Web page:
World War II was unkind to Radio Row, and in 1944 the Times lamented that the "one-time repository of nearly everything from a tube socket to a complete radio station" was "bargainless and practically setless, too, due to wartime scarcities" but that it still catered to "tinkerers and engineers" and that an "old spirit" and "magical quality" were still there. One shop said it was practically able to stay in business just by "making repairs on the electric meters burned out by the students of the city schools who were studying radio," and all were optimistic about growing public interest in "two new kinds of radio: FM and television."
But Radio Row rebounded. The used radios, war surplus electronics (e.g., ARC-5 radios), junk, and parts often piled so high they would spill out onto the street, attracting collectors and scroungers. According to a business writer, it also was the origin of the electronic component distribution business.
Planning for its demise began five years earlier, when the Port Authority of New York and New Jersey rejected a proposal to build the new complex on the east side of Lower Manhattan. Instead, officials chose a site on the west side, near the Hudson and Manhattan Railroad terminals, and began planning to use eminent domain to remove the shops in the area bounded by Vesey, Church, Liberty, and West streets.
Shaping up in New York City is a legal battle of overriding importance. Its outcome will conceivably affect us all. If the considerable power of the Port Authority is allowed to dispossess the merchants of Radio Row, then, it is our conviction, no home or business is safe from the caprice of government.
The city also objected to the compensation given for the streets themselves obscured by the superblock.
A committee of small business owners led by Oscar Nadel took exception to the Port Authority's offer of $30,000 to any business in the condemned area, regardless of its size or age. Nadel's group, who estimated that businesses in the area employed 30,000 people and generated $300 million per year, sued the Port Authority. But the court ultimately threw out the case, called Courtesy Sandwich Shop v. Port of New York Authority, in November 1963 "for want of a substantial federal question".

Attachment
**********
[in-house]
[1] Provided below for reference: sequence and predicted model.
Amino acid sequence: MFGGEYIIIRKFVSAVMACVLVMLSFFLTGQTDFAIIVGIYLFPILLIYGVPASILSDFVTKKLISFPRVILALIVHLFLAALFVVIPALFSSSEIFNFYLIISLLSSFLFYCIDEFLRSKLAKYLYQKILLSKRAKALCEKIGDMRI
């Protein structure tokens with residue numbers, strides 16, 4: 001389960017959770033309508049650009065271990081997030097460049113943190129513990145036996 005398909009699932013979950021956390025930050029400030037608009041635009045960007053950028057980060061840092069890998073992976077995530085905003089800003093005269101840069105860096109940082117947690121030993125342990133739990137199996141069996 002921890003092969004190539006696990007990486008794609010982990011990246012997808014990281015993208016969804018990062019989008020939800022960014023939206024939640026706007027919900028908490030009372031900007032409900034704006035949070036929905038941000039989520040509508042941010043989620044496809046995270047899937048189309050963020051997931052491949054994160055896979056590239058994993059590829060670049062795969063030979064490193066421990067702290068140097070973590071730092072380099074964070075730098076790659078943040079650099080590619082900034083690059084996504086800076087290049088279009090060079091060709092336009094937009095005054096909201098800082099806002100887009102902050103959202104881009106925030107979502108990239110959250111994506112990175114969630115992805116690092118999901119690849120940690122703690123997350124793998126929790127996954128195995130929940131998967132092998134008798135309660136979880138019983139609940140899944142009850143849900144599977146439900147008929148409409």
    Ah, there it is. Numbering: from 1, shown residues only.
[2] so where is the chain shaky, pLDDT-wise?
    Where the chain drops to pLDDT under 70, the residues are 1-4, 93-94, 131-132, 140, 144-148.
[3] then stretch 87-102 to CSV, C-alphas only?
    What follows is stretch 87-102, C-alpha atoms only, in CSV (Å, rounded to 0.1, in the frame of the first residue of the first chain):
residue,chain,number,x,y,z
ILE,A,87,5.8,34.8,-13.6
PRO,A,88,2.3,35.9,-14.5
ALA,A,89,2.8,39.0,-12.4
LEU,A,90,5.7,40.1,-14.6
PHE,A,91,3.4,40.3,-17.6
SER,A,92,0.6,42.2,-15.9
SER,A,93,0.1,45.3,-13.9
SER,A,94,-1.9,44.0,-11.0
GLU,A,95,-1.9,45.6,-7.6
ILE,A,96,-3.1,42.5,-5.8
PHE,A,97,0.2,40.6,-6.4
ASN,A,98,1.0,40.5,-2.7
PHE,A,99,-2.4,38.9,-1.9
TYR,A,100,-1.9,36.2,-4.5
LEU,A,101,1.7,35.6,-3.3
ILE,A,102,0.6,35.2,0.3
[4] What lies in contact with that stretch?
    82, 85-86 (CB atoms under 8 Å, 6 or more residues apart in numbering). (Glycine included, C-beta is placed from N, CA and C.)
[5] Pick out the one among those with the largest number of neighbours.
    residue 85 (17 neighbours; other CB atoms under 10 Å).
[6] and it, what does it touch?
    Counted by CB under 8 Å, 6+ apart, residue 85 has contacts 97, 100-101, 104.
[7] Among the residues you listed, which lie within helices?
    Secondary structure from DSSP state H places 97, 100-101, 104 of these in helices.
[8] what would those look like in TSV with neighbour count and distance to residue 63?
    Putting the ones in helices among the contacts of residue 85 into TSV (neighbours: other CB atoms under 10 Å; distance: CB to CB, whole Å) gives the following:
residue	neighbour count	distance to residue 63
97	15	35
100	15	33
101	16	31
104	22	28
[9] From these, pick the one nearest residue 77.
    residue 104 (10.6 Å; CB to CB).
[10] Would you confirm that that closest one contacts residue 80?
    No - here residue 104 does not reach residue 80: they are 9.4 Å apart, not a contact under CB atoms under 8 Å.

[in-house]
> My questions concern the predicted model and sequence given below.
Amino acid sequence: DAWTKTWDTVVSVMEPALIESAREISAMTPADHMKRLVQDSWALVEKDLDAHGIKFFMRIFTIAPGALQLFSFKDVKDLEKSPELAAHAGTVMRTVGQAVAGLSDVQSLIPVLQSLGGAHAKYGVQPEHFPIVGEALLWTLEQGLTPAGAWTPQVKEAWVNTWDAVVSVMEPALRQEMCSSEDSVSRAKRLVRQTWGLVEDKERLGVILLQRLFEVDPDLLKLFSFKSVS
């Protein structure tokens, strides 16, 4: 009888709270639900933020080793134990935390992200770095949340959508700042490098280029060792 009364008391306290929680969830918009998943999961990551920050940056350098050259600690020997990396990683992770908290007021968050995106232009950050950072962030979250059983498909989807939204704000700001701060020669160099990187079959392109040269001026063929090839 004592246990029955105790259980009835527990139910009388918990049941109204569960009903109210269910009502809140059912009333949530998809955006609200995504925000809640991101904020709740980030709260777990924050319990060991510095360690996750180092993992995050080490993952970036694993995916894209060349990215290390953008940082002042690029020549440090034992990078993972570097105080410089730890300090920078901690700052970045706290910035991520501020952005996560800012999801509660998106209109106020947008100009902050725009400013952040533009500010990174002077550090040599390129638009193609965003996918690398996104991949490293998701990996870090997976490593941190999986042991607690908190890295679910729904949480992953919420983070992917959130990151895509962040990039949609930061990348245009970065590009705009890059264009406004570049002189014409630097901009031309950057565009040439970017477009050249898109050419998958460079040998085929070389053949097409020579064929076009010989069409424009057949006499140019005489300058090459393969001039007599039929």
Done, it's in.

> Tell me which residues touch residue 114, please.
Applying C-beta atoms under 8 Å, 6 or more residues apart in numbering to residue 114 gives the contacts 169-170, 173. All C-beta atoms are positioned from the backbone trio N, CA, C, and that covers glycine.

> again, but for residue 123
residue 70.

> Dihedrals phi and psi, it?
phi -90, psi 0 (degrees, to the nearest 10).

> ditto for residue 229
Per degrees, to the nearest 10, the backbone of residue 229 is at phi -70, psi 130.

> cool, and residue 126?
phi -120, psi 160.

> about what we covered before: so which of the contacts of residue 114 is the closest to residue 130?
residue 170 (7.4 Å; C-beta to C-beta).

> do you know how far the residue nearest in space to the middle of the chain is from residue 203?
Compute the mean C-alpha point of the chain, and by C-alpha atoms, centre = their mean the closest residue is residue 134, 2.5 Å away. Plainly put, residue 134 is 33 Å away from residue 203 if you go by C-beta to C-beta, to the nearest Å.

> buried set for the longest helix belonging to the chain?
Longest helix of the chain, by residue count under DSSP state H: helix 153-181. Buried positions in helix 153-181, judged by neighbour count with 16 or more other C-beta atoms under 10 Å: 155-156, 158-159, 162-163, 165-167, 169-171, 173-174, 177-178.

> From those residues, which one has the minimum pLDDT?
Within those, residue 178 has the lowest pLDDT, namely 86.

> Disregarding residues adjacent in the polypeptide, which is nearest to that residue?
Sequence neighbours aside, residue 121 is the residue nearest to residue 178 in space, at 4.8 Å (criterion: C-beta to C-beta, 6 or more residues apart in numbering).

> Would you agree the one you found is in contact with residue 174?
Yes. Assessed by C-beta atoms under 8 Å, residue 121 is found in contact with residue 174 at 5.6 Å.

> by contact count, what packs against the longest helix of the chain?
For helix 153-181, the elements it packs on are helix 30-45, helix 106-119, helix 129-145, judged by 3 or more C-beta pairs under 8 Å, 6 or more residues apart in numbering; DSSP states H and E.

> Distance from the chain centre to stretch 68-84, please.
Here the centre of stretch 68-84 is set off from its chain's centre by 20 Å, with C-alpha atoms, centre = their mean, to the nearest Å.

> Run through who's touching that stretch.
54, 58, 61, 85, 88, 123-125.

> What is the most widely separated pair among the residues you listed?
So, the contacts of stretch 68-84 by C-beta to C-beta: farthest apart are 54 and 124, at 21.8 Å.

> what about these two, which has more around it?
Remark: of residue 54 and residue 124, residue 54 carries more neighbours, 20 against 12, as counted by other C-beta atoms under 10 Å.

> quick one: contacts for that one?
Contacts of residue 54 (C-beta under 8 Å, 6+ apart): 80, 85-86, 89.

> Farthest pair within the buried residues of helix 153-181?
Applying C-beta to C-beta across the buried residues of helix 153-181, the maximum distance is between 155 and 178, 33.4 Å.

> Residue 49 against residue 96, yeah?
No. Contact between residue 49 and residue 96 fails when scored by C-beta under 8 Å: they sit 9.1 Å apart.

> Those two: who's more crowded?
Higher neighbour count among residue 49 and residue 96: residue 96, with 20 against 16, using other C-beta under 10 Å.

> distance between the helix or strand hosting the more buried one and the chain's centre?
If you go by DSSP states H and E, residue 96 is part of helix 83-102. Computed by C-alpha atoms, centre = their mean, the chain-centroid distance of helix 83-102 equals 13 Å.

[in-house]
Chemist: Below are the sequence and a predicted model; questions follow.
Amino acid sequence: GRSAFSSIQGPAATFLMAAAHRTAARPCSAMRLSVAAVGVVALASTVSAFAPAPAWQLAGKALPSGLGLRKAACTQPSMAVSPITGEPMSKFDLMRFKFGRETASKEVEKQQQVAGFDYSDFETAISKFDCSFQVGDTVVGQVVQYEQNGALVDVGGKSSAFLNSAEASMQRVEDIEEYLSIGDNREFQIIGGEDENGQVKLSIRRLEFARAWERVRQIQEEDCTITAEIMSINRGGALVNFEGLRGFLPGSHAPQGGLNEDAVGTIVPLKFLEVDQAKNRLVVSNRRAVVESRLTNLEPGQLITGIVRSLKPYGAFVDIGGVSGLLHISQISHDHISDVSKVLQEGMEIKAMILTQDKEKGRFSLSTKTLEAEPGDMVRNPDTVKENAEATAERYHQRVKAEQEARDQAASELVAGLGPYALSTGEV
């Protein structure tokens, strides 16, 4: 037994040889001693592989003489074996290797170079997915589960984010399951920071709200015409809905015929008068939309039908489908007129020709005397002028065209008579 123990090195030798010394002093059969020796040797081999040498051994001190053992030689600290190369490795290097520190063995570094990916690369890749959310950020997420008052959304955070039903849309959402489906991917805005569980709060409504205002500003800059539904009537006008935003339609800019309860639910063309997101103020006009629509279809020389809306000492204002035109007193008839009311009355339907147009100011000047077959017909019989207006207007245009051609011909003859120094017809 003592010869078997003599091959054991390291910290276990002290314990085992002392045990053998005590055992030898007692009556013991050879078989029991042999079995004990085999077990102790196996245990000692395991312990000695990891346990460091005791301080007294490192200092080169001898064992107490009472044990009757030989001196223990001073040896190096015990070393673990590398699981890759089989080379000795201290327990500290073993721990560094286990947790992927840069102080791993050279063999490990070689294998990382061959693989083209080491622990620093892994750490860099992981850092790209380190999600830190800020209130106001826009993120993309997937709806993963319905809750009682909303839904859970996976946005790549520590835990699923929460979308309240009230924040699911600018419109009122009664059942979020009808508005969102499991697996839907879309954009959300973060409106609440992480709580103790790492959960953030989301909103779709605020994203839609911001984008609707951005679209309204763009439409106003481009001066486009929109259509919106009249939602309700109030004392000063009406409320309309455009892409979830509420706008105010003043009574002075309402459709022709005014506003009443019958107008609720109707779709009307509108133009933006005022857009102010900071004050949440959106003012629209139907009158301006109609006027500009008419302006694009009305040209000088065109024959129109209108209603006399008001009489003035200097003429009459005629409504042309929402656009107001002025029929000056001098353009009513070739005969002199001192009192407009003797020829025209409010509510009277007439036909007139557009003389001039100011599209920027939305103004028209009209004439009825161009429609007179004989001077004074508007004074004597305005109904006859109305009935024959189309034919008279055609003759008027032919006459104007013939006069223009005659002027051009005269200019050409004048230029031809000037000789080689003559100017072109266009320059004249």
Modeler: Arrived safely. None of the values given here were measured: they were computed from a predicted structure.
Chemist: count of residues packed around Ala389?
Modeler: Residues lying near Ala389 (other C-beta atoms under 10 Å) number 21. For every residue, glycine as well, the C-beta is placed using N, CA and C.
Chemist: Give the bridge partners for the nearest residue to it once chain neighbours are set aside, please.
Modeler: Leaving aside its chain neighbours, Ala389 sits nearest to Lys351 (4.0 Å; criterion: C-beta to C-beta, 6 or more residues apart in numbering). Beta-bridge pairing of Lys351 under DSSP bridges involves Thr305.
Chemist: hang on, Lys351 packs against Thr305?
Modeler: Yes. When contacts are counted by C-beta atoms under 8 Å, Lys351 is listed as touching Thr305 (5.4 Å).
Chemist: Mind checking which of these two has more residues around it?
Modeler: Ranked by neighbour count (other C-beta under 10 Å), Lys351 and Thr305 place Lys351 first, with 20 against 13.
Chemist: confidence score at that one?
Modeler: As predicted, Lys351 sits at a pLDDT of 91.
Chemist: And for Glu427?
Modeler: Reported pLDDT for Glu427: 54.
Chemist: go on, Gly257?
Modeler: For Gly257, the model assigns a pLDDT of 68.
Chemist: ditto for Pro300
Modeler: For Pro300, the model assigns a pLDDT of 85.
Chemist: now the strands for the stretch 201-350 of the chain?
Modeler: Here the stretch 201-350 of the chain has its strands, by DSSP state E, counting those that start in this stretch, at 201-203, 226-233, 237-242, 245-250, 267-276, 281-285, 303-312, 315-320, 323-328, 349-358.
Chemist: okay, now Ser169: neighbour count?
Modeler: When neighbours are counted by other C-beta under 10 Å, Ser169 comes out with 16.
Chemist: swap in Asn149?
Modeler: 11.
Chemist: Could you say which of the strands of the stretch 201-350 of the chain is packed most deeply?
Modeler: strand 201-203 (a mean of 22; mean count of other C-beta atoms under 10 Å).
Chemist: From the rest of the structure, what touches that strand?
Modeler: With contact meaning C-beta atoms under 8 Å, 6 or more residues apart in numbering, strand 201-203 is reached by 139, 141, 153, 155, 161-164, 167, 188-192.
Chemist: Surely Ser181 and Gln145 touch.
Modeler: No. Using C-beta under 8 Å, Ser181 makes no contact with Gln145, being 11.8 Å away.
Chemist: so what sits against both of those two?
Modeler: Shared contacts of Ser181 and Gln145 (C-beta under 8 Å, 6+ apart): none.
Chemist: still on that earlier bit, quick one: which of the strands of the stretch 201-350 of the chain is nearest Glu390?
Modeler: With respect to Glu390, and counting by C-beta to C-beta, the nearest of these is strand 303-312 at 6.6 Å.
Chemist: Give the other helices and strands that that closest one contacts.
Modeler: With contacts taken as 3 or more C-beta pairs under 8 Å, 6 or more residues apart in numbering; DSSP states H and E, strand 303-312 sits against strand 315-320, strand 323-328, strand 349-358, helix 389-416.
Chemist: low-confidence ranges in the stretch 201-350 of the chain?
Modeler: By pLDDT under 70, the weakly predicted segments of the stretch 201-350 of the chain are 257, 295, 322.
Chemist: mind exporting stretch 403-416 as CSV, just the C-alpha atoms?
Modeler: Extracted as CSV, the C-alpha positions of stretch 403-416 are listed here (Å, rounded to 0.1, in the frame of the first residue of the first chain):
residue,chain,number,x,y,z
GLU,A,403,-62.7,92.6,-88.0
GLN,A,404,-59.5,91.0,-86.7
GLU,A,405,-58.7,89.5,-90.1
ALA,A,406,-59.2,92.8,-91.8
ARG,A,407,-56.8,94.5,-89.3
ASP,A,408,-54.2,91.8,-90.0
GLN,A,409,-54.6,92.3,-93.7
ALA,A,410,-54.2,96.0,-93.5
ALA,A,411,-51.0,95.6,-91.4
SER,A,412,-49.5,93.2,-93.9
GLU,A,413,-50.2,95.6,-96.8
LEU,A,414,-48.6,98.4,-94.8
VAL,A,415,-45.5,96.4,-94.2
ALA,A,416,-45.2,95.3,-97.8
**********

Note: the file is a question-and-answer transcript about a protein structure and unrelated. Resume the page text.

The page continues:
After the closing of these stores, the concentration of radio retailers was not duplicated elsewhere in New York. Some clusters of radio and electronics stores were created or added to in the Canal Street and Union Square areas.
In 1923, The Boston Globe reported that a section of the North End had been dubbed "Radio Row" because of the large number of radio antennas being installed in that neighborhood. "The hurdy-gurdy has a rival," wrote the Globe, and "No skyline anywhere else in the city or the suburbs is filled with so many antennae as the blocks stretching along some sections of Hanover and Salem sts. Many residents have three or four aerials—one has six—with wires leading down to receiving sets of all descriptions, in the homes of the foreign-born residents. It has all come about in a few months. ... All stairways lead to the roof, where [some residents] are arranging to rig up a loudspeaker, connected with instruments below. A survey of housetops ... shows a whole population getting ready."
In the second half of the 20th century and early 21st century, a shift in electronics manufacturing to Asia led to the formation of similar electronics districts in cities with significant electronics industries.